The standard of matrimony is erected by affection and purity, and does not depend upon the height, or bulk, or color, or wealth, or poverty of individuals. Water will seek its level; nature will have free course; and heart will answer to heart.

I cherish as strong a love for the land of my nativity as any man living. I am proud of her civil, political and religious institutions ? of her high advancement in science, literature and the arts ? of her general prosperity and grandeur. But I have some solemn accusations to bring against her. I accuse her of insulting the majesty of Heaven with the grossest mockery that was ever exhibited to man ? inasmuch as, professing to be the land of the free and the asylum of the oppressed, she falsifies every profession, and shamelessly plays the tyrant. I accuse her, before all nations, of giving an open, deliberate and base denial to her boasted Declaration, that "all men are created equal; that they are endowed by their Creator with certain inalienable rights; that among these are life, liberty and the pursuit of happiness." I accuse her of disfranchising and proscribing nearly half a million free people of color, acknowledging them not as countrymen, and scarcely as rational beings, and seeking to drag them thousands of miles across the ocean on a plea of benevolence, when they ought to enjoy all the rights, privileges and immunities of American citizens. I accuse her of suffering a large portion of her population to be lacerated, starved and plundered, without law and without justification, at the will of petty tyrants. I accuse her of trafficking in the bodies and souls of men, in a domestic way, to an extent nearly equal to the foreign slave trade; which traffic is equally atrocious with the foreign, and almost as cruel in its operations. I accuse her of legalizing, on an enormous scale, licentiousness, fraud, cruelty and murder.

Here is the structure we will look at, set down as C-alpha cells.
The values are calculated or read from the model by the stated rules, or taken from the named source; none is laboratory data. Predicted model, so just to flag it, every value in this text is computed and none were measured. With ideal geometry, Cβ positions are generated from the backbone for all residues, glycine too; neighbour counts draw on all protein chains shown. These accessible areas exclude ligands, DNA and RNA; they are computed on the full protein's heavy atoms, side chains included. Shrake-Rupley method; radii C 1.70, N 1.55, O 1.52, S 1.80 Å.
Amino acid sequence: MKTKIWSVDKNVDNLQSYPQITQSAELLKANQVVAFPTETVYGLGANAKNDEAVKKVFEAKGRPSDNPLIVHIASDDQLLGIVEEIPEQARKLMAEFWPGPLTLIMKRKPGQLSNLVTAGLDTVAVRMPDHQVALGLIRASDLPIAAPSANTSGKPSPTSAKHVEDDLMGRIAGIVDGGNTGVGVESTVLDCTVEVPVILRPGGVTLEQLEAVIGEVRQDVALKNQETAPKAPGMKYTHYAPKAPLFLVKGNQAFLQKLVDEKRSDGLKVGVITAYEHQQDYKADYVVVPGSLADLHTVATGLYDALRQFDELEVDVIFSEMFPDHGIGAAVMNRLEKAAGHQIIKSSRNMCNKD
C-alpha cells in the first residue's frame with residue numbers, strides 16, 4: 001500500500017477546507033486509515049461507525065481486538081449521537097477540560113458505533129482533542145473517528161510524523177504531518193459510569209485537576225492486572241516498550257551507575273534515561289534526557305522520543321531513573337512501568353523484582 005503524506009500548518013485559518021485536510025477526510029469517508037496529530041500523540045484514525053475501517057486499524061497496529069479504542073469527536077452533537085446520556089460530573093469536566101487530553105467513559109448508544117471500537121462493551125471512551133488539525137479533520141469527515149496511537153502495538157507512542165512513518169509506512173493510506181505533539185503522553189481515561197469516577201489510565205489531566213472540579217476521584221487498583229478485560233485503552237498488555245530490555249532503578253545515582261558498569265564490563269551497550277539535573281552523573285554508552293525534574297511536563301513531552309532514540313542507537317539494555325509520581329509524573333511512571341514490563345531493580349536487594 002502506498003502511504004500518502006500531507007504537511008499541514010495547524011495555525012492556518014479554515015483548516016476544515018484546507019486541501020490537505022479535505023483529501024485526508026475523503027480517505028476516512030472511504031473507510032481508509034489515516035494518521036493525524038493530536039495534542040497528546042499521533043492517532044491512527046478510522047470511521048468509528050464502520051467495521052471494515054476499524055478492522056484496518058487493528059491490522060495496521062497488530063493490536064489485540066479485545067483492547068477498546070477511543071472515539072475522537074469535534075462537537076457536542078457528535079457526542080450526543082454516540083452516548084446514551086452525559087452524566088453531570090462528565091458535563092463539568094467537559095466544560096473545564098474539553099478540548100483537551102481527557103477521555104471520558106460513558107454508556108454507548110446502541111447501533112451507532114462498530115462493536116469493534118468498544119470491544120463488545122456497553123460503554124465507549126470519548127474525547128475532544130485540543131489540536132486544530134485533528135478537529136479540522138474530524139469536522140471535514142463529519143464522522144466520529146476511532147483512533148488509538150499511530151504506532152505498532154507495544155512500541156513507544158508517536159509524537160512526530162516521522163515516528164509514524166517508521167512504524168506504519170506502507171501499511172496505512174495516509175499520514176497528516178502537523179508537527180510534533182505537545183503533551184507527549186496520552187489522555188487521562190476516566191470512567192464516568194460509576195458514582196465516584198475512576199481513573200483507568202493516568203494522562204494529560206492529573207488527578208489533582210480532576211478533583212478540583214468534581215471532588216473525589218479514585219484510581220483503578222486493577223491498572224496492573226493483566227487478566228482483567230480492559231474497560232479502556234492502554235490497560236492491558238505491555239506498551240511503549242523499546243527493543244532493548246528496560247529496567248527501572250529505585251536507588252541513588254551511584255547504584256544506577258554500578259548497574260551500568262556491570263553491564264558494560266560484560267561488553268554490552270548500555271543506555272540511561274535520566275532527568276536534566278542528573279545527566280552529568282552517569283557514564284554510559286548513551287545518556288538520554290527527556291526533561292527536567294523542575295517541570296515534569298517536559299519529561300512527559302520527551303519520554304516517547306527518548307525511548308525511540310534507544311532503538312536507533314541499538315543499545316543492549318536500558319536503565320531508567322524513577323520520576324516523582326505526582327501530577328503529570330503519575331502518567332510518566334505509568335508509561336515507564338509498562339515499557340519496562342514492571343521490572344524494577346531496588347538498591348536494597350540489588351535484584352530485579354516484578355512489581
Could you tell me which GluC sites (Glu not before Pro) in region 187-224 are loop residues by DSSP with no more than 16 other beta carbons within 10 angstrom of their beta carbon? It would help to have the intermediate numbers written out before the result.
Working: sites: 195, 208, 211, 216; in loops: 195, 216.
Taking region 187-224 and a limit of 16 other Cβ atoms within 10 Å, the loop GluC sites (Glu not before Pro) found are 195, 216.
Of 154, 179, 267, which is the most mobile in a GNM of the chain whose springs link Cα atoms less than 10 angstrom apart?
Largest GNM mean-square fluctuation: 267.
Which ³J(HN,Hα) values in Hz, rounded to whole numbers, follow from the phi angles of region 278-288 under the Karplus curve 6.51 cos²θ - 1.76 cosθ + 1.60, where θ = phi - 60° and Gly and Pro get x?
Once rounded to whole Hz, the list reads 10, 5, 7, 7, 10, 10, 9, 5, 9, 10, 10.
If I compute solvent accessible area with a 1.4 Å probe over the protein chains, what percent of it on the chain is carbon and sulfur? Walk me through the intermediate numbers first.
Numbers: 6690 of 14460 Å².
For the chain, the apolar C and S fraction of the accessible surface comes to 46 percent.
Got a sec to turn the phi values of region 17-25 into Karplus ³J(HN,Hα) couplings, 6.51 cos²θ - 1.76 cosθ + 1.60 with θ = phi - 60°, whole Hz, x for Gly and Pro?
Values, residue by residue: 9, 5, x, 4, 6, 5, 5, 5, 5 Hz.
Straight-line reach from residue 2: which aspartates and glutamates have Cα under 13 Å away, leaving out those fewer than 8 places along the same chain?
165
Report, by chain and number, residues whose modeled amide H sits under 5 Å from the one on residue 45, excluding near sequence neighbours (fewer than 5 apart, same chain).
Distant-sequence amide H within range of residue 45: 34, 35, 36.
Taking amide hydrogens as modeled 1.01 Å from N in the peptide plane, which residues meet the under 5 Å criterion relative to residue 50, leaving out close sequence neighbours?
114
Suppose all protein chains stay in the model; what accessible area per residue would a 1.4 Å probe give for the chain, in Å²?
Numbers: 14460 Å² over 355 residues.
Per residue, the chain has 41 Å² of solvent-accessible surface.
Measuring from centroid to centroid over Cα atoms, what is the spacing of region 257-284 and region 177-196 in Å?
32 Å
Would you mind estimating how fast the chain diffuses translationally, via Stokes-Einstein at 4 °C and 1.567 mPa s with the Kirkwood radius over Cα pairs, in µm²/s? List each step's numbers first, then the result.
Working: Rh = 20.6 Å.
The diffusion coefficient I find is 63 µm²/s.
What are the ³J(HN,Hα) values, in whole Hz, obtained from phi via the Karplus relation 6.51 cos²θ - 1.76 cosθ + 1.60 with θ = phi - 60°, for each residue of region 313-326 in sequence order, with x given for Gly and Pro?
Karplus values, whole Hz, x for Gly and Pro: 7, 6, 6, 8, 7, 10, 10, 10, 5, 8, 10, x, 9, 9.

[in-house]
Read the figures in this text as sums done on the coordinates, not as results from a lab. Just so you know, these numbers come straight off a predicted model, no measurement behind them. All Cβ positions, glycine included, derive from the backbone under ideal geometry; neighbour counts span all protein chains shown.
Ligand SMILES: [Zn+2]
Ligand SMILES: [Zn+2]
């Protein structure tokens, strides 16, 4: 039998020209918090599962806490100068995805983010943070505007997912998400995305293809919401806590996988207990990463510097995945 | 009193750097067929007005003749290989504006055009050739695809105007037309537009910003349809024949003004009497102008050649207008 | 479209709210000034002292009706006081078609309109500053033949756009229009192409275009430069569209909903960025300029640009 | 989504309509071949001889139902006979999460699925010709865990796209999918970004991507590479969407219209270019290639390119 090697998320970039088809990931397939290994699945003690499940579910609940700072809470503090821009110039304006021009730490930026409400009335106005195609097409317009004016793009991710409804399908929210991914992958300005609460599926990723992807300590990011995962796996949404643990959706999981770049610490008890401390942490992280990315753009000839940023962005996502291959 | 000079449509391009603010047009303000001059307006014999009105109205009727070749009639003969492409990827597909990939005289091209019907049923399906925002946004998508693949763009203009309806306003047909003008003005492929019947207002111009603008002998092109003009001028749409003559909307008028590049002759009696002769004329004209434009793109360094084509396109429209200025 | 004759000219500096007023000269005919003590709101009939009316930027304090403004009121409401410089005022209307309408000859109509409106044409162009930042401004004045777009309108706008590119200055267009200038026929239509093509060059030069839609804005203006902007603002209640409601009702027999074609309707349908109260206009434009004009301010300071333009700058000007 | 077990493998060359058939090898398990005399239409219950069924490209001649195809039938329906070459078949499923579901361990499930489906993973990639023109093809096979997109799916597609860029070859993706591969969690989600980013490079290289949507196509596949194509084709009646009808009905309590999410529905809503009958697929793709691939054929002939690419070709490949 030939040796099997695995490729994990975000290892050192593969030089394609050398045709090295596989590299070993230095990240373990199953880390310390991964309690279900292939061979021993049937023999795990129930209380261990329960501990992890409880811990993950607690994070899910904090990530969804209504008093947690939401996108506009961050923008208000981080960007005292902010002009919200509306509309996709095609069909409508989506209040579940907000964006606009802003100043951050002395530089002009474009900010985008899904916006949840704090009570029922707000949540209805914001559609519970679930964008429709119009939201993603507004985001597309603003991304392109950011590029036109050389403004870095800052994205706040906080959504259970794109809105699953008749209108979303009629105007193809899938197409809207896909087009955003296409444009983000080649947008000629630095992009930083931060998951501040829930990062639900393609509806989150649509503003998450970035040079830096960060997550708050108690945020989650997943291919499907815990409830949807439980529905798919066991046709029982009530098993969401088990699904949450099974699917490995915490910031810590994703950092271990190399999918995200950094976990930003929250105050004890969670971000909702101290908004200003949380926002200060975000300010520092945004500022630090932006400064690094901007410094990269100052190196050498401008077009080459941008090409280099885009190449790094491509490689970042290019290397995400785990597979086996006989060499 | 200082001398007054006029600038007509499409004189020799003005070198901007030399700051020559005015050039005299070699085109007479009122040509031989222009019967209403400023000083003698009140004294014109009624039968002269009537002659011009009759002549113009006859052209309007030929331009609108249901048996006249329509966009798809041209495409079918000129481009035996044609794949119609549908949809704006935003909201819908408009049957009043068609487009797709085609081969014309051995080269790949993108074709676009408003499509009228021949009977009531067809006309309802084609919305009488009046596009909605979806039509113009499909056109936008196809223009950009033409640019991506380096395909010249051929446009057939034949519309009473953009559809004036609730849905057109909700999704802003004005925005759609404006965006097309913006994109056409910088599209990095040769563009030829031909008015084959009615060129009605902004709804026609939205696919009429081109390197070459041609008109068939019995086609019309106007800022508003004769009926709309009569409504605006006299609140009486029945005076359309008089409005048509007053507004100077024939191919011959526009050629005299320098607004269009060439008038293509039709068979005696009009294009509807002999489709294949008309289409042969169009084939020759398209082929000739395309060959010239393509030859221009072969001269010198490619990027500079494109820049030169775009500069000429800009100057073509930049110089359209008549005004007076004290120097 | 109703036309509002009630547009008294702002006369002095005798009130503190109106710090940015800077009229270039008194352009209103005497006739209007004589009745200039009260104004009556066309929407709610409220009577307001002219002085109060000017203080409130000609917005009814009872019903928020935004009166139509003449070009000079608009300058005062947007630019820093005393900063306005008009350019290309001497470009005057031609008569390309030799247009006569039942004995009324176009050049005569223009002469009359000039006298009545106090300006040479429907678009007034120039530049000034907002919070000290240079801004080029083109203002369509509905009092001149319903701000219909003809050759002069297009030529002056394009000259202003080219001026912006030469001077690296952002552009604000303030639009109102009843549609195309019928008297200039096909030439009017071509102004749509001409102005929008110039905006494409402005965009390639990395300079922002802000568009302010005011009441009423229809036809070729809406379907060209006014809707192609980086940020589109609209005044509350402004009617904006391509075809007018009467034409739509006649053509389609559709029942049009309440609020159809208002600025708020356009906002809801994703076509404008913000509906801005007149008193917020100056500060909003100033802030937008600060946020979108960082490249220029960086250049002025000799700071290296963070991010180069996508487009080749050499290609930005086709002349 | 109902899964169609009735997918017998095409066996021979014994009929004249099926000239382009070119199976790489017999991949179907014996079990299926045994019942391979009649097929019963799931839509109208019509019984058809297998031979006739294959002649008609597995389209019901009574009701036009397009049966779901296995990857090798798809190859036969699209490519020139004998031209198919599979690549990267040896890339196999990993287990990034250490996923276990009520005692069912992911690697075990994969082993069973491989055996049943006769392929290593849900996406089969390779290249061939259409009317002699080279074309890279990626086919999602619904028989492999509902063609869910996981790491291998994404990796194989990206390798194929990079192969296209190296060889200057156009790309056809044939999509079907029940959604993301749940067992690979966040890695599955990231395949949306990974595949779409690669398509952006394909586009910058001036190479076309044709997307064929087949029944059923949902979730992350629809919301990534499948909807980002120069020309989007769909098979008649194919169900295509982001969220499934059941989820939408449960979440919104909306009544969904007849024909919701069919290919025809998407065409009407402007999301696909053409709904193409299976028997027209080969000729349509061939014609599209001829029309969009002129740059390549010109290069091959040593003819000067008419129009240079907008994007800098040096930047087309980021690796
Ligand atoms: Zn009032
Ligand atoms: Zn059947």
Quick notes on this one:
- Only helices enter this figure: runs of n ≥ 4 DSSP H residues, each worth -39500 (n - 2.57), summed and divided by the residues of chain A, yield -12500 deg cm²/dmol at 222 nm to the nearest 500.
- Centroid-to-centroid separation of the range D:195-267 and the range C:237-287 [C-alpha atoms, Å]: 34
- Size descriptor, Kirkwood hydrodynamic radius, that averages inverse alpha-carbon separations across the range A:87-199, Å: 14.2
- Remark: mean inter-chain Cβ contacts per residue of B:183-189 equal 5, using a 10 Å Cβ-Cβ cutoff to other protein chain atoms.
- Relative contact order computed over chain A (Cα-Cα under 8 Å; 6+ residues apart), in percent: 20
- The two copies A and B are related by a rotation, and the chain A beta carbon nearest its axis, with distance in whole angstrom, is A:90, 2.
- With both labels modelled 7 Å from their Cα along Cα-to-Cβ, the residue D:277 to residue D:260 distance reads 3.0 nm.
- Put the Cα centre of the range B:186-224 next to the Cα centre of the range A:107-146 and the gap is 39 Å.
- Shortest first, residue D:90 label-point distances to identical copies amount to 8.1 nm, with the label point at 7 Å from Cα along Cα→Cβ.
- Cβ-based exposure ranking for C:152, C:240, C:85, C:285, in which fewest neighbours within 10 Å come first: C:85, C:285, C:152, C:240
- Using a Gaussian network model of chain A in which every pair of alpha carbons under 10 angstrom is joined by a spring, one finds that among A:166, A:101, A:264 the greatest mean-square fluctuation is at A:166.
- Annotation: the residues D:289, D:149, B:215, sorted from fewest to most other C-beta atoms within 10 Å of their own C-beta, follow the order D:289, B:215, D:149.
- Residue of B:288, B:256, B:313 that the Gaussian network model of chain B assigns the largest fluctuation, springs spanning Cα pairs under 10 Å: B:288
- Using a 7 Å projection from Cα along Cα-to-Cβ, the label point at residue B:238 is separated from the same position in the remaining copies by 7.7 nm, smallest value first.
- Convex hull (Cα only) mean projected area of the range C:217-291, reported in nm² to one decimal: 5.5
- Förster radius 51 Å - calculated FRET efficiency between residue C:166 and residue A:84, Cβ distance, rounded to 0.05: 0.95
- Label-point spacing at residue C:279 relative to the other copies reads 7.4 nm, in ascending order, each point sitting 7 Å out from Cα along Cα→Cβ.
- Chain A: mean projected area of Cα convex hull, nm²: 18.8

Let Southern oppressors tremble ? let their secret abettors tremble ? let their Northern apologists tremble ? let all the enemies of the persecuted blacks tremble.

The success of any great moral enterprise does not depend upon numbers.

I claim to be a human rights man, and wherever there is a human being, I see God-given rights inherent in that being whatever may be the sex or the complexion. Our rights are equal, and whoever tramples on them is either a ruffian or a tyrant, unwilling that justice should reign in the world.

Liberty for each, for all, and forever!